Tentative reconstruction of atmospheric configurations over Europe and North Africa in correspondence with negative (left) and positive (right) NAO index. Blue arrows indicate the direction and intensity of storm tracks. Possible positions of the Azores High, North African High, Central European High, and Icelandic Low are also indicated, together with low pressure areas with precipitations. The Gaeta record is represented by a red dot, sites shown in Fig. 5 by yellow dots and other sites mentioned in the text by green dots. The background map (Mollweide projection) was retrieved from Natural Earth, a free vector and raster map data of public domain (http://www.naturalearthdata.com). The final map was generated using both Corel Draw Suite X8 (https://www.coreldraw.com) and QGIS version 2.18.15 ‘Las Palmas’ (QGIS Development Team, 2017. QGIS Geographic Information System. Open Source Geospatial Foundation Project https://www.qgis.org/it/site/).

The precipitation patterns found in the Mediterranean may be explained in different ways, involving the Atlantic climate system and/or the subtropical atmospheric circulation, acting in different seasons.

Atlantic climate processes

The alternation of forest increases and declines in the south-central Mediterranean may represent the effect of periodic variations and latitudinal/longitudinal displacement of the North Atlantic pressure centers and the westerlies, with consequent changeable penetration of storm tracks into the Mediterranean region, in relation to the prevailing or predominant phases of NAO-like circulation (Fig. 6).

A weakened westerly flow (NAO negative), resulting in a convergence of winter Atlantic storm tracks into central-western Europe may have promoted increased winter precipitation and forest development in the western Mediterranean (Fig. 6). At the same time, a weakened westerly flow may have led to a reduction of the Icelandic winds and precipitation over western Norway and of forest development and precipitation in the south-central Mediterranean. Although a correlation of a negative NAO index with decreased humidity in the south-central Mediterranean is not always predicted by recent climatological data15, the consistency of the Gaeta pollen record with the NAO index curves and proxies is a valuable hint in support of this hypothesis for the past. Based on modern data, a positive correlation between NAO and precipitation was documented by Brandimarte et al.17 in eastern Sicily, ca. 3 degrees south of the Gulf of Gaeta. In the past, this positive correlation may have influenced more northerly regions, as latitudinal fluctuations of contrasting hydrological sectors may be expected in response to changing NAO5 and the spatial centres of climate impact may vary over time.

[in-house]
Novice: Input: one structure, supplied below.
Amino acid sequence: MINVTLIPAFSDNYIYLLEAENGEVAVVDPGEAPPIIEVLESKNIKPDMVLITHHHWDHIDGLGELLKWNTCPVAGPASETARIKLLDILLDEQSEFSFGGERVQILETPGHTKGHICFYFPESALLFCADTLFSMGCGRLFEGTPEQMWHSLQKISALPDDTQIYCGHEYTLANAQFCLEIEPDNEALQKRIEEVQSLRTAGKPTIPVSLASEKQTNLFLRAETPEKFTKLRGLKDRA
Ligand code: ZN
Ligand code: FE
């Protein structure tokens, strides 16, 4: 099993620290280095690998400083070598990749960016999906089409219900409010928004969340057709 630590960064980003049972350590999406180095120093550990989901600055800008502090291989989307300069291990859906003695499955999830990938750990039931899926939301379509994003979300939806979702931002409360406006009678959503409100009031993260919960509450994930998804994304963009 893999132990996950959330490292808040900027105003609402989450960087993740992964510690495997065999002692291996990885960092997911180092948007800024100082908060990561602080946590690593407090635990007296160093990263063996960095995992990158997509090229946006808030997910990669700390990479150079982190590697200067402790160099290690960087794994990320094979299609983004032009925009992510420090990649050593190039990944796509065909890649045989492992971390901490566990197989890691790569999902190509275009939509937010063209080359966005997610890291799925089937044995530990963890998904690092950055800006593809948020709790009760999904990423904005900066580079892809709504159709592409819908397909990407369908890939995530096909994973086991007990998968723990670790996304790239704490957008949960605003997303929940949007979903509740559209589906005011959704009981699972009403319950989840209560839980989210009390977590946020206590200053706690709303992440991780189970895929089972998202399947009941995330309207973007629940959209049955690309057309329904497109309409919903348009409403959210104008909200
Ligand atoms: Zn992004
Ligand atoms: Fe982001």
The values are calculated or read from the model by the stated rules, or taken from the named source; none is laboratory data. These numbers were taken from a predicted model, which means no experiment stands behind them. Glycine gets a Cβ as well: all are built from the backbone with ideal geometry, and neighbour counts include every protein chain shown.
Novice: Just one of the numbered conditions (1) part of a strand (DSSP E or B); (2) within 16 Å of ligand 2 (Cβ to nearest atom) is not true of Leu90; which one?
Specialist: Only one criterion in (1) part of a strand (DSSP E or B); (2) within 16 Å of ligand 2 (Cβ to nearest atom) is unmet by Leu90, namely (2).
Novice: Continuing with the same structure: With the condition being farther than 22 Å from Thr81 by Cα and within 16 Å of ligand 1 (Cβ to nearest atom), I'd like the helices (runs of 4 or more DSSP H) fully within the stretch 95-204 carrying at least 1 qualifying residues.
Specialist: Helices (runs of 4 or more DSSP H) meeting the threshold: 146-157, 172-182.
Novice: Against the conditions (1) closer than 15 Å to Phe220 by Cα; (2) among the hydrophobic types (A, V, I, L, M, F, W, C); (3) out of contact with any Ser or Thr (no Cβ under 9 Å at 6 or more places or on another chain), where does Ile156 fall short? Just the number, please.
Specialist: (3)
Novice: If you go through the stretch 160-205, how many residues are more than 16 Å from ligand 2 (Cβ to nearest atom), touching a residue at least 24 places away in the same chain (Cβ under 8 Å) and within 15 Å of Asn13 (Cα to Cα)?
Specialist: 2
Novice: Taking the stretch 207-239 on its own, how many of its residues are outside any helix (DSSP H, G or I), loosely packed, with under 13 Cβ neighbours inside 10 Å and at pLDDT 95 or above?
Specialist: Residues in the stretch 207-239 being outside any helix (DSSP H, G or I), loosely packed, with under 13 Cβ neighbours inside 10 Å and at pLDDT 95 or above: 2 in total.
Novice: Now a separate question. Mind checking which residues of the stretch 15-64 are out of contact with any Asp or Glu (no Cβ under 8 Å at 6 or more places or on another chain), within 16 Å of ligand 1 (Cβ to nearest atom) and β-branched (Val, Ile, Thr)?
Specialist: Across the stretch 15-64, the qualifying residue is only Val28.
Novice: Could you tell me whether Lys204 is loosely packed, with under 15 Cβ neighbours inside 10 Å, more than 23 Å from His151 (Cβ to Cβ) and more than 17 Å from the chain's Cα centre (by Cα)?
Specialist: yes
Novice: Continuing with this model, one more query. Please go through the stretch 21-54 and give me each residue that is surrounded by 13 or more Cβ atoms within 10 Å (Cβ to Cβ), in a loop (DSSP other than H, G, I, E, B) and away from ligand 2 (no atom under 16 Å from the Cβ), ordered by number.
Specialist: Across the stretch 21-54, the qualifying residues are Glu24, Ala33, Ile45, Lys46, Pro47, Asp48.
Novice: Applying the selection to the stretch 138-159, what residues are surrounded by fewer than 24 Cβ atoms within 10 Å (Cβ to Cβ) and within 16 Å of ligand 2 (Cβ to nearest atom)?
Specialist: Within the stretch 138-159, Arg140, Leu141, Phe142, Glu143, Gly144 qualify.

Another possible explanation for the aridity phases in the south-central Mediterranean involves the extension and location of the North African anticyclone, often neglected in palaeoclimatic models, but well-known to meteorologists for the torrid temperatures and dryness it may induce especially in summer (cf. Spring/Summer 2012 and 2017). At 4.2 ka cal BP, a weak NAO circulation (NAO negative) appears to correspond to a prolonged position of the North African anticyclone on the south-central Mediterranean10,20, which in turn may have represented an important atmospheric blocking for the westerly storm track (Fig. 6). This interaction between NAO circulation and North African anticyclone dynamics may have enhanced the climate contrast between the south-central Mediterranean and the regions in northern-central and western Mediterranean. Similar atmospheric configurations possibly occurred also during other negative NAO phase intervals, such as the 2.8 ka cal BP and the LIA. The establishment of atmospheric blockings in North Atlantic and North Africa during negative NAO phases, highlighted by the model of Shabbar et al.44, seems to support this atmospheric configuration.